I love your basket, it’s a great shape. I wove a wastepaper basket once, but it didn’t have the same charm!

    • Pauline says:

      Well done Lyn, I’m sure your waste paper basket was lovely, its good to be able to make things though isn’t it? Maybe I ought to think of making something with all my willow and dogwood cuttings from the garden, now there’s a thought!!

  9. Apple crumble with homegrown apples and berries! Yum! You always make me think of my Mom Pauline, because you seem to have things in common. She is a gardener, wood carver and makes baskets too. I have a willow basket that she made in my front hall. It must be nice to have a your own apples. I love the ingenious apple picker! Have a great weekend!

    • Pauline says:

      Jennifer, I do seem to have a lot in common with your Mum, does she paint as well?! We are lucky, there wasn’t much in the garden when we came but the apple was already here and we have enjoyed lots of apples for 21 yrs now.

  10. Pauline that’s a lovely basket, at least you got some apples though I’m sure your family will miss theirs and the blackberries sound like a nice extra, Frances

    • Pauline says:

      More blackberries today Frances, so more to go with some apple tomorrow! Must start preparing some of the apples for the freezer, If I do some each day, they will soon be done.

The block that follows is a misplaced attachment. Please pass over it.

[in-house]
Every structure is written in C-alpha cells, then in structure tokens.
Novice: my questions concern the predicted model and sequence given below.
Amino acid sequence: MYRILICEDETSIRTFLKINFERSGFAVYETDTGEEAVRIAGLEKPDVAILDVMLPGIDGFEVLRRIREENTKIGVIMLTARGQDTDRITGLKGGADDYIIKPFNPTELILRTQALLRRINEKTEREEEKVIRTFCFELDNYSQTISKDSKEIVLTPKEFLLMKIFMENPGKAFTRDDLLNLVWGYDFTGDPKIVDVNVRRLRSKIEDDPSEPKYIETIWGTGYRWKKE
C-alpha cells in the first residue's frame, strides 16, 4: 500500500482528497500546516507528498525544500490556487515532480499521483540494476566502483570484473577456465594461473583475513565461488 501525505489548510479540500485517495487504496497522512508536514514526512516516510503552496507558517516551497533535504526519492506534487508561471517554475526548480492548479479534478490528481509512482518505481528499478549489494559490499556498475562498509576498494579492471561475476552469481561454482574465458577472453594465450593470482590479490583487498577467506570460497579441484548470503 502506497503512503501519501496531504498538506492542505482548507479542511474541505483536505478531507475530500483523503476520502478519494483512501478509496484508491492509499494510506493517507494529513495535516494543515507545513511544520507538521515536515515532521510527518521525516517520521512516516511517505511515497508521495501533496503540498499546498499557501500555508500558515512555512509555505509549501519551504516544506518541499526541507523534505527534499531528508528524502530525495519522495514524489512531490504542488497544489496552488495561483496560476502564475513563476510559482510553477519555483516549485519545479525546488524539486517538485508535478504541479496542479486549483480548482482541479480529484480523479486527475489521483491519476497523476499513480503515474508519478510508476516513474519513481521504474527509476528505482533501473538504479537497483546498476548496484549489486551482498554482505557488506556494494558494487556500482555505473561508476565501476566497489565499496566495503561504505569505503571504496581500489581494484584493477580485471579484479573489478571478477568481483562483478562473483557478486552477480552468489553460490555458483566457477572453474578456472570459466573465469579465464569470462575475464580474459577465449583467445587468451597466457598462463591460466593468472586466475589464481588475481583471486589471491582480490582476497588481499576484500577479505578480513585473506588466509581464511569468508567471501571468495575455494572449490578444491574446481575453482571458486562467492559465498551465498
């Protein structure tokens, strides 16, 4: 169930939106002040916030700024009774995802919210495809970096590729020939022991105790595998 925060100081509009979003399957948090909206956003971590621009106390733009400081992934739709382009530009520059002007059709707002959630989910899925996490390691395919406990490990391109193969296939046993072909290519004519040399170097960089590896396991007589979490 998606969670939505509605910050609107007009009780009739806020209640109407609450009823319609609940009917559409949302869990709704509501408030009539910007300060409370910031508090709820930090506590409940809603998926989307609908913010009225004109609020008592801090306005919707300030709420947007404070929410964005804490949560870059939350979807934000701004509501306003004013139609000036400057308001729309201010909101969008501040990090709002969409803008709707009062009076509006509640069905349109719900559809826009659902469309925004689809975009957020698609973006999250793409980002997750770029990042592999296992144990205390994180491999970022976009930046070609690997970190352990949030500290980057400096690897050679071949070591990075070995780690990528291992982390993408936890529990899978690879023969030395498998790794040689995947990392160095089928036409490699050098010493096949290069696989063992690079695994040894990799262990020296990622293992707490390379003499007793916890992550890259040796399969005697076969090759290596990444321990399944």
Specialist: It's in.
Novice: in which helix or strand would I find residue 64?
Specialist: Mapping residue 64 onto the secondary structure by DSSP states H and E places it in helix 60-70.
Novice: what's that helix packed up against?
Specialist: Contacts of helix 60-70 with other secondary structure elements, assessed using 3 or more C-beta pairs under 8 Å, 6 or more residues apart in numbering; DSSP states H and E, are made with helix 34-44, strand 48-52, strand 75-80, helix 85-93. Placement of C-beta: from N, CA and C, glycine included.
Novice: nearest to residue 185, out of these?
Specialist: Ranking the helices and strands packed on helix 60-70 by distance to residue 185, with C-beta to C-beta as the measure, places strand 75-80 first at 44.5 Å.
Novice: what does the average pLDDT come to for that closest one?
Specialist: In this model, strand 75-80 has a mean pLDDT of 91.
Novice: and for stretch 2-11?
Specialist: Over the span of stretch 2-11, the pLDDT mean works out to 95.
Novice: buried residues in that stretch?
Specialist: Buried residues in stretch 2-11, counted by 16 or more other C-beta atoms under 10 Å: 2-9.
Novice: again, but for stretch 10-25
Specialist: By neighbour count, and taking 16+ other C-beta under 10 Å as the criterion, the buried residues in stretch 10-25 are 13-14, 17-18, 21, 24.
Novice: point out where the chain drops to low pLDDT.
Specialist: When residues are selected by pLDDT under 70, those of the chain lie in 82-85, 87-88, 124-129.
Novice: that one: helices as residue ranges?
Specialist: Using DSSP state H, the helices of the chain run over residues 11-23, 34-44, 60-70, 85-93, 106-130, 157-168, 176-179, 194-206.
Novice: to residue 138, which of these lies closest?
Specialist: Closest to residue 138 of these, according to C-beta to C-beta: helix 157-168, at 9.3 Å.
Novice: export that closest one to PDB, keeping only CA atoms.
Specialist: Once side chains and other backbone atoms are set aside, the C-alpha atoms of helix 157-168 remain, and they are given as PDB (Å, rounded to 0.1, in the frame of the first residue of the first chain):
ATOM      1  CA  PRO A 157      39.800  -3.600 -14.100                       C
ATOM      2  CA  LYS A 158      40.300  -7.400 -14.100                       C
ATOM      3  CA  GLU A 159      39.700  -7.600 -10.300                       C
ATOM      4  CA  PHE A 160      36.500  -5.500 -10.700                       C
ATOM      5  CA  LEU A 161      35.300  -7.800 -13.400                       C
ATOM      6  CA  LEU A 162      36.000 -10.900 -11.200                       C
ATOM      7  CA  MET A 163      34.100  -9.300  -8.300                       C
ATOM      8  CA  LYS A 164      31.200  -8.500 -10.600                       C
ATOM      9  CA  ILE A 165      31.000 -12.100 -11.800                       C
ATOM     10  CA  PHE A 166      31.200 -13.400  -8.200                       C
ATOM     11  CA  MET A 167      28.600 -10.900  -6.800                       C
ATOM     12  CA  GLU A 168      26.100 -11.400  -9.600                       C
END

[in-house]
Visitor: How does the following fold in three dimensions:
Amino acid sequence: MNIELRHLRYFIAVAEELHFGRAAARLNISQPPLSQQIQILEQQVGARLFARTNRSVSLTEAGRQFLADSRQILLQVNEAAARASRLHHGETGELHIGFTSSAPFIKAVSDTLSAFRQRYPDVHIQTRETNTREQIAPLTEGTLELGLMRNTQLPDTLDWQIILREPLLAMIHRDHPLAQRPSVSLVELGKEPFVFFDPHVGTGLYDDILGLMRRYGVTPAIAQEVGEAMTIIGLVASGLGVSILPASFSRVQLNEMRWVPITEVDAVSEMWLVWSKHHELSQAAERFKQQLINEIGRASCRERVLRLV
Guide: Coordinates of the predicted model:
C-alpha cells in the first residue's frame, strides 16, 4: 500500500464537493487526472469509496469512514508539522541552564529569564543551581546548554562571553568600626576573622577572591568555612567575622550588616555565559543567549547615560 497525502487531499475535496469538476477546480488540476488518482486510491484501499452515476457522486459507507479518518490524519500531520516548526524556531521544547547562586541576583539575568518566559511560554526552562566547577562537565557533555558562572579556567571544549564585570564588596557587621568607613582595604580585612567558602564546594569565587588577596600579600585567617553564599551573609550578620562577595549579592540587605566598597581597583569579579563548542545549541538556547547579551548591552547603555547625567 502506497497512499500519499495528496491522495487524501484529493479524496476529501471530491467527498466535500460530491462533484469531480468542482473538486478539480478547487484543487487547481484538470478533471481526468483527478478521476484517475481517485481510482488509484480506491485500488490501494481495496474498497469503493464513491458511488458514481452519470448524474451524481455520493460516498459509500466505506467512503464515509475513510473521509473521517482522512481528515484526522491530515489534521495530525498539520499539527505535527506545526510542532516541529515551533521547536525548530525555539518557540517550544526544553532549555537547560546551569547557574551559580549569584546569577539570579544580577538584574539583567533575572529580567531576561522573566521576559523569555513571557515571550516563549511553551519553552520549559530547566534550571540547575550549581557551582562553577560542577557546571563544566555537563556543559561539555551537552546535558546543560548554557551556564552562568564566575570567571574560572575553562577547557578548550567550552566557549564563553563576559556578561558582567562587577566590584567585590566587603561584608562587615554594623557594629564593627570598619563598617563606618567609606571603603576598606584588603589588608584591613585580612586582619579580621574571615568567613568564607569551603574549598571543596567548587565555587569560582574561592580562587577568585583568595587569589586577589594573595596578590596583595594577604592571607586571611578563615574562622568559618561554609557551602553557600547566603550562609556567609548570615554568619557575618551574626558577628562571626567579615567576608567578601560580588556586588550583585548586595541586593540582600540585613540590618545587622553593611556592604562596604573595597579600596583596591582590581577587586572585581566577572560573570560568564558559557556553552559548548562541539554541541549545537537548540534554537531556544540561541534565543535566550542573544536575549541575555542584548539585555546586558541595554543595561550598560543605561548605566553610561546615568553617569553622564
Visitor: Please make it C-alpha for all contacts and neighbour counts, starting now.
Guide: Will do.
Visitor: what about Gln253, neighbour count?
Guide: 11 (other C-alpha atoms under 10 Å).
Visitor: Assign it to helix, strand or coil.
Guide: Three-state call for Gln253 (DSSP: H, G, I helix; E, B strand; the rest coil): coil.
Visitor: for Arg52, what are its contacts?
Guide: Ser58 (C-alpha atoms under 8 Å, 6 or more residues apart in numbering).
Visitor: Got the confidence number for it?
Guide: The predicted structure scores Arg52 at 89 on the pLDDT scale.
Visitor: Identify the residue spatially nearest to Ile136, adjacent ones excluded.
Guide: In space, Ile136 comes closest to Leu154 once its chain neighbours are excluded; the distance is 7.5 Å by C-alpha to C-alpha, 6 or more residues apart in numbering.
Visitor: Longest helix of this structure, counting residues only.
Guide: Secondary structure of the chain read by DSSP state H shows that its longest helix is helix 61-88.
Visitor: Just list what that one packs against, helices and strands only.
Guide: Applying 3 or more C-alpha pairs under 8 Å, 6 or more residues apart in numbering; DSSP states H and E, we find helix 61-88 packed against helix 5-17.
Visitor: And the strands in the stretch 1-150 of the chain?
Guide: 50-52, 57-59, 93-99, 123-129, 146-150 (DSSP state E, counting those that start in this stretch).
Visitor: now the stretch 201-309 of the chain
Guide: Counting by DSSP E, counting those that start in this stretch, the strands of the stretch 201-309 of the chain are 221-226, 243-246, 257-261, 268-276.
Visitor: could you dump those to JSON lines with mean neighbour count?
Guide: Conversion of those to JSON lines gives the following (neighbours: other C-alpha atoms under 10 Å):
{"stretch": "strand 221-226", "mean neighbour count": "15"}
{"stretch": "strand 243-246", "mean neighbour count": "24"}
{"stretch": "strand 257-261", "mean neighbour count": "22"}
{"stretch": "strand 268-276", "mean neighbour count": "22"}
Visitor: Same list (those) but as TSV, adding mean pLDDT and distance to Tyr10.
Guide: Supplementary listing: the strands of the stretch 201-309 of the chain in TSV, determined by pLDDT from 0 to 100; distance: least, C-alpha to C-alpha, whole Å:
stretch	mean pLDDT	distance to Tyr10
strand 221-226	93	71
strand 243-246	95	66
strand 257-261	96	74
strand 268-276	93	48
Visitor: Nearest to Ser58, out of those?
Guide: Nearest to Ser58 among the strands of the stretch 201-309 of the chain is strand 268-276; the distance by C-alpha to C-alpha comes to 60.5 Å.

11. Jason says:

    This was a tough year for apples and stone fruits in my area. We had very early blossoms due to a warm March then BAM they got hit with a hard frost. Hoping for better luck next year.

    • Pauline says:

      Thanks for stopping by Jason, I agree it has been a very poor year for fruit that flowered early in the year. March was lovely here too so we had lots of blossom ti start with but then it was very cold and wet , so no bees to pollinate them. We have only got 2 pears apart from our cooking apples, no damsons, no greengage, no plums and no eating apples!!
      Its good to hear from someone new, I will now pop over and explore your blog.

  12. There is always hope for next year, yes? I think we gardeners hold this more dearly than some. I love seeing your trees and trellis together!

    • Pauline says:

      Yes WMG, there is always next year, we gardeners are an optomistic lot! Let’s hope that we have a ‘ normal ‘ spring in 2013 that will bring the bees out in numbers!

Comments are closed.